In this case (8334/2021), the first Respondent (the seller) and the Applicant (trustees authorised to act on behalf of the purchaser) entered into a deed of sale in 2019, where the seller agreed that they would pay the following costs: the bond cancellation fees, clearance certificate cost, and the outstanding rates and taxes and water and electricity due to the local authority.
During the transaction, the new owner was made aware that the seller’s account with the local authority was in arrears and that the electricity would be disconnected unless payment was made to council. The seller was also aware of the arrears account but disputed it.
New transfer attorneys were appointed, and the property was transferred into the name of the purchaser in July 2020 after the rates clearance certificate was handed to the transfer attorneys.
The new registered owner visited the local authority to change the services account for rates, taxes, levies, and electricity from the previous owner’s name to their name. This request was refused, however, and the new owner was informed that the previous owner still owed an amount to the Ekurhuleni Metropolitan Municipality.
When the new registered owner then presented the clearance certificate which they received from the transfer attorneys to the local authority, they were advised that it was a fraud and not valid.
The new owner requested relief against the local authority so that they would have full use and access to the property they had just purchased. The second Respondent (the local authority) then made a counterclaim in which they sought an order setting aside the clearance certificate obtained by the previous owner as well as an order that the previous owner still owed the local authority money in respect of the property.
The court dismissed the local authority’s counterclaim as it found at paragraph 45: “… the Municipality has not taken any legal action in terms of their credit regulations to recover the money that it says the seller [….] owes to it. In trying to mitigate their failure to act the second Respondent has seen it fit to hold the Applicant to Ransom.”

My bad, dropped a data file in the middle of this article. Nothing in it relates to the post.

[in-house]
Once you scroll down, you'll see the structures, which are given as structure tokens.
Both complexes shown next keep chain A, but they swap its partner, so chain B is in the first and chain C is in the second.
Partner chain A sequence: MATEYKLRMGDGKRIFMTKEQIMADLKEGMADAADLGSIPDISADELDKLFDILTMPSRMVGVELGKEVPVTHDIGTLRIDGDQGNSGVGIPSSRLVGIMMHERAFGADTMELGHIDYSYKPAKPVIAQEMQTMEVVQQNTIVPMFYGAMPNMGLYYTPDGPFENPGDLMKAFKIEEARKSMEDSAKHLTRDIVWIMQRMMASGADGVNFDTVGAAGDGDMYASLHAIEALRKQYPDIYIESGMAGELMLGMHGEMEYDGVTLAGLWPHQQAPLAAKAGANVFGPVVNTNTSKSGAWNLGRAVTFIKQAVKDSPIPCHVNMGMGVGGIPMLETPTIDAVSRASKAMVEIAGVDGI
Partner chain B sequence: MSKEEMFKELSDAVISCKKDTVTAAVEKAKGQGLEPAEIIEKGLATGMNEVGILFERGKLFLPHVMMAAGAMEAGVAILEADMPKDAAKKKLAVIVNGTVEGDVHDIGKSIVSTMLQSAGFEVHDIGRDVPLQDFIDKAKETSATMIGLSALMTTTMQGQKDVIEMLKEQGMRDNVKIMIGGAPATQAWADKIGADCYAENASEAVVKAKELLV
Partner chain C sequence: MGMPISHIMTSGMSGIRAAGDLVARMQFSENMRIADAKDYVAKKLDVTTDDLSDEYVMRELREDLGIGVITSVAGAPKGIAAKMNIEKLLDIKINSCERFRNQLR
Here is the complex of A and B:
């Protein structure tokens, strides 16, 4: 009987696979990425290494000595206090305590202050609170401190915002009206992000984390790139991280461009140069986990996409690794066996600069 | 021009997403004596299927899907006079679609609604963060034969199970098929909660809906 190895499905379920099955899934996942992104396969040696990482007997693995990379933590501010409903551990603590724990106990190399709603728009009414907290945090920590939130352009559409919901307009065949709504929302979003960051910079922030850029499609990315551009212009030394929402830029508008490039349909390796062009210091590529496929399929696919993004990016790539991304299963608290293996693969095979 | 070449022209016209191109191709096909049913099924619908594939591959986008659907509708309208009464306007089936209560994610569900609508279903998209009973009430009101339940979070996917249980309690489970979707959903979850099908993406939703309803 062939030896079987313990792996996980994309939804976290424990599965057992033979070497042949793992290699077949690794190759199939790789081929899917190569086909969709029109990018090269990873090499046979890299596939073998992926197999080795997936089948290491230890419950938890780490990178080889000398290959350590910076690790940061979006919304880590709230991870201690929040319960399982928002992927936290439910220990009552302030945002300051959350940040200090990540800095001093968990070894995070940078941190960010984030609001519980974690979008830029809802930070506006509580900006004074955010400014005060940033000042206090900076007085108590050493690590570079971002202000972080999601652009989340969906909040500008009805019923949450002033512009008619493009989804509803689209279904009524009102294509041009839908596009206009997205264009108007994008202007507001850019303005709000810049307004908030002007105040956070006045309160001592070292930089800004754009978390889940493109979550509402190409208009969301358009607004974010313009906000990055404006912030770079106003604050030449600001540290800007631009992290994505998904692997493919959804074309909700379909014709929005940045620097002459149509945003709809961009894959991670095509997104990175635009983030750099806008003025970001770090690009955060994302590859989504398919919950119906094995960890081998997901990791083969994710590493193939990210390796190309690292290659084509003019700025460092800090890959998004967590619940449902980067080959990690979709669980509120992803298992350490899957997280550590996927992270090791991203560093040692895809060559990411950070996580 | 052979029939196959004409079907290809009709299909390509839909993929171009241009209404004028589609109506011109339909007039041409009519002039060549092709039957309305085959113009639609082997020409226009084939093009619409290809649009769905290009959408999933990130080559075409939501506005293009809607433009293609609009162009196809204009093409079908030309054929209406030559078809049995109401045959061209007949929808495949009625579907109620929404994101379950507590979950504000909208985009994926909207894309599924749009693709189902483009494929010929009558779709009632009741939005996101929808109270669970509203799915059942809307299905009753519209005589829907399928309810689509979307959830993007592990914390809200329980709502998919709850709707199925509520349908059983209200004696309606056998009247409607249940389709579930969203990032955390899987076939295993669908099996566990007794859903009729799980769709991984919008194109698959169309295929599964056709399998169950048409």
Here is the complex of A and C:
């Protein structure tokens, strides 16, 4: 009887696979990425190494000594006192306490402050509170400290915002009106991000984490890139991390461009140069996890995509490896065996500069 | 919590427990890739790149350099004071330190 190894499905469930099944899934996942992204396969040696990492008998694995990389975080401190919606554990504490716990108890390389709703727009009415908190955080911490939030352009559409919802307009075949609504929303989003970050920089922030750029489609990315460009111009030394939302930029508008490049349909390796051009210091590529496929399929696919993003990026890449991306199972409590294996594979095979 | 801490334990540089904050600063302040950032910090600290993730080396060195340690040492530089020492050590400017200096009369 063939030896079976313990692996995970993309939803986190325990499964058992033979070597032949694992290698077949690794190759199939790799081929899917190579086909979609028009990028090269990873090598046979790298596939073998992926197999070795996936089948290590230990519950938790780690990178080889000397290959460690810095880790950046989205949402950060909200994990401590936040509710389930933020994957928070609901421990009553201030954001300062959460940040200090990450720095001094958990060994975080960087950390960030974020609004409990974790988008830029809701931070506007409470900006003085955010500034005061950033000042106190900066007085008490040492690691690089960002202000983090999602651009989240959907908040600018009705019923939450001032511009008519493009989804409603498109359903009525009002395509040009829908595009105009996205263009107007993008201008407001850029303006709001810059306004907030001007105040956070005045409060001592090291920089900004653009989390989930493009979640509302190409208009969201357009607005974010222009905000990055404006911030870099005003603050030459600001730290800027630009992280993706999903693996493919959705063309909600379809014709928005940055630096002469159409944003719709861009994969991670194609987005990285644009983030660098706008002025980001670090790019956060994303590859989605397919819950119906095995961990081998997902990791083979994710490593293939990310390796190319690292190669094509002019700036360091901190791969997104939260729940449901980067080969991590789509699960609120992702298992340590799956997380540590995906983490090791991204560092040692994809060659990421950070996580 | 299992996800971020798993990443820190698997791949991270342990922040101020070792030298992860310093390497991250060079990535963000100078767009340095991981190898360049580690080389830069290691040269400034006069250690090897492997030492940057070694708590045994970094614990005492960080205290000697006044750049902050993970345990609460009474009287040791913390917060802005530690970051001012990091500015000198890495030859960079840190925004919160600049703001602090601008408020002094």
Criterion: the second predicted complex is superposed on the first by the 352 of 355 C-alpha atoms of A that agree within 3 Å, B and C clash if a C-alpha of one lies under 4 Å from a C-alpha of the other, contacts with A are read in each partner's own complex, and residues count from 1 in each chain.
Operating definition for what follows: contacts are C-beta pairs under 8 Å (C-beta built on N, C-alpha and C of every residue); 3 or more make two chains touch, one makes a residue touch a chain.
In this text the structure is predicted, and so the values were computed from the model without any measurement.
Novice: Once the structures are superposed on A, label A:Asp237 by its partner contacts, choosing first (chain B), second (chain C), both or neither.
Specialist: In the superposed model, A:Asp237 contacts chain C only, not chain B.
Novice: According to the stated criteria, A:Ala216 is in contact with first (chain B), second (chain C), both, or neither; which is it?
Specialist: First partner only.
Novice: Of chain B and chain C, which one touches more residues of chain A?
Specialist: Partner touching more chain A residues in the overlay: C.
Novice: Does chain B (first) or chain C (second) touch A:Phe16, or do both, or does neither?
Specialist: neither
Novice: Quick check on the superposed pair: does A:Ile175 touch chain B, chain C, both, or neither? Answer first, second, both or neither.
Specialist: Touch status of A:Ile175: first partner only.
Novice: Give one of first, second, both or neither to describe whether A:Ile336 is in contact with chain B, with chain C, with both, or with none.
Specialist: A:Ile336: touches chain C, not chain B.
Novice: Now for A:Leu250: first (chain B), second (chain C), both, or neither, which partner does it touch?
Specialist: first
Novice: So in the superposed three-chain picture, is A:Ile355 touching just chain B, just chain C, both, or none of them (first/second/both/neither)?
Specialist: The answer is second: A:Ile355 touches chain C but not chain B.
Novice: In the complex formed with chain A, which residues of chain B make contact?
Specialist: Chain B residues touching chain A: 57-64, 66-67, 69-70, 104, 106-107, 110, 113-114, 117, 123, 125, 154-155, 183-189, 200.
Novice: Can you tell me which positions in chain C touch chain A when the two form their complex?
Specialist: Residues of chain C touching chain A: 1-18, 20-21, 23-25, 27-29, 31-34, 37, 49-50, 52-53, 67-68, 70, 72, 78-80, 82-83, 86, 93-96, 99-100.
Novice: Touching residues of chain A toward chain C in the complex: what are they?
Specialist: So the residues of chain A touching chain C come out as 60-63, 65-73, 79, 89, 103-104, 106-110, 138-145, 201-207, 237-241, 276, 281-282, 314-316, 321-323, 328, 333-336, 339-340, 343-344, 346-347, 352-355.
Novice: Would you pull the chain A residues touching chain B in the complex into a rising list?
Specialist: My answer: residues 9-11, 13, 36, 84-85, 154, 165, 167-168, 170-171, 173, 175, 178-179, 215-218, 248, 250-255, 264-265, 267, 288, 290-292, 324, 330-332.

The court further confirmed that the local authority did not cite the Deeds Registry Office in its counter application directing them to cancel the title deed.
At paragraph 49, the court held: “What the second Respondent wants to achieve in the counter claim is contrary to the decision laid down by the Constitutional Court in the matter of Jordaan and Others v Tshwane Metropolitan Municipality and Others 2017 (6) SA 287 CC. The second Respondent is trying to recover a historical debt due and owing to it by the seller in a rather dubious manner by denying the Applicant who is the purchaser and a new owner its right to enjoy the benefit of the property.”
As a result, the court ordered the local authority to:
- Amend its records to reflect the new owner of the property.
- Open a municipal account in the new owner’s name.
- Supply electricity to the property within three days after payment received by the plaintiff in respect of the plaintiff’s account from date of registration to date of the order.
As demonstrated in this case, a local authority is not entitled to refuse to open a new registered owner’s account on the basis that there is an amount still due by the previous owner. It’s also clear that fraud was committed with regards to the rates clearance certificate – this should serve as a warning to conveyancers to always scrutinise the certificates they receive and to ensure that they use trustworthy consultants.
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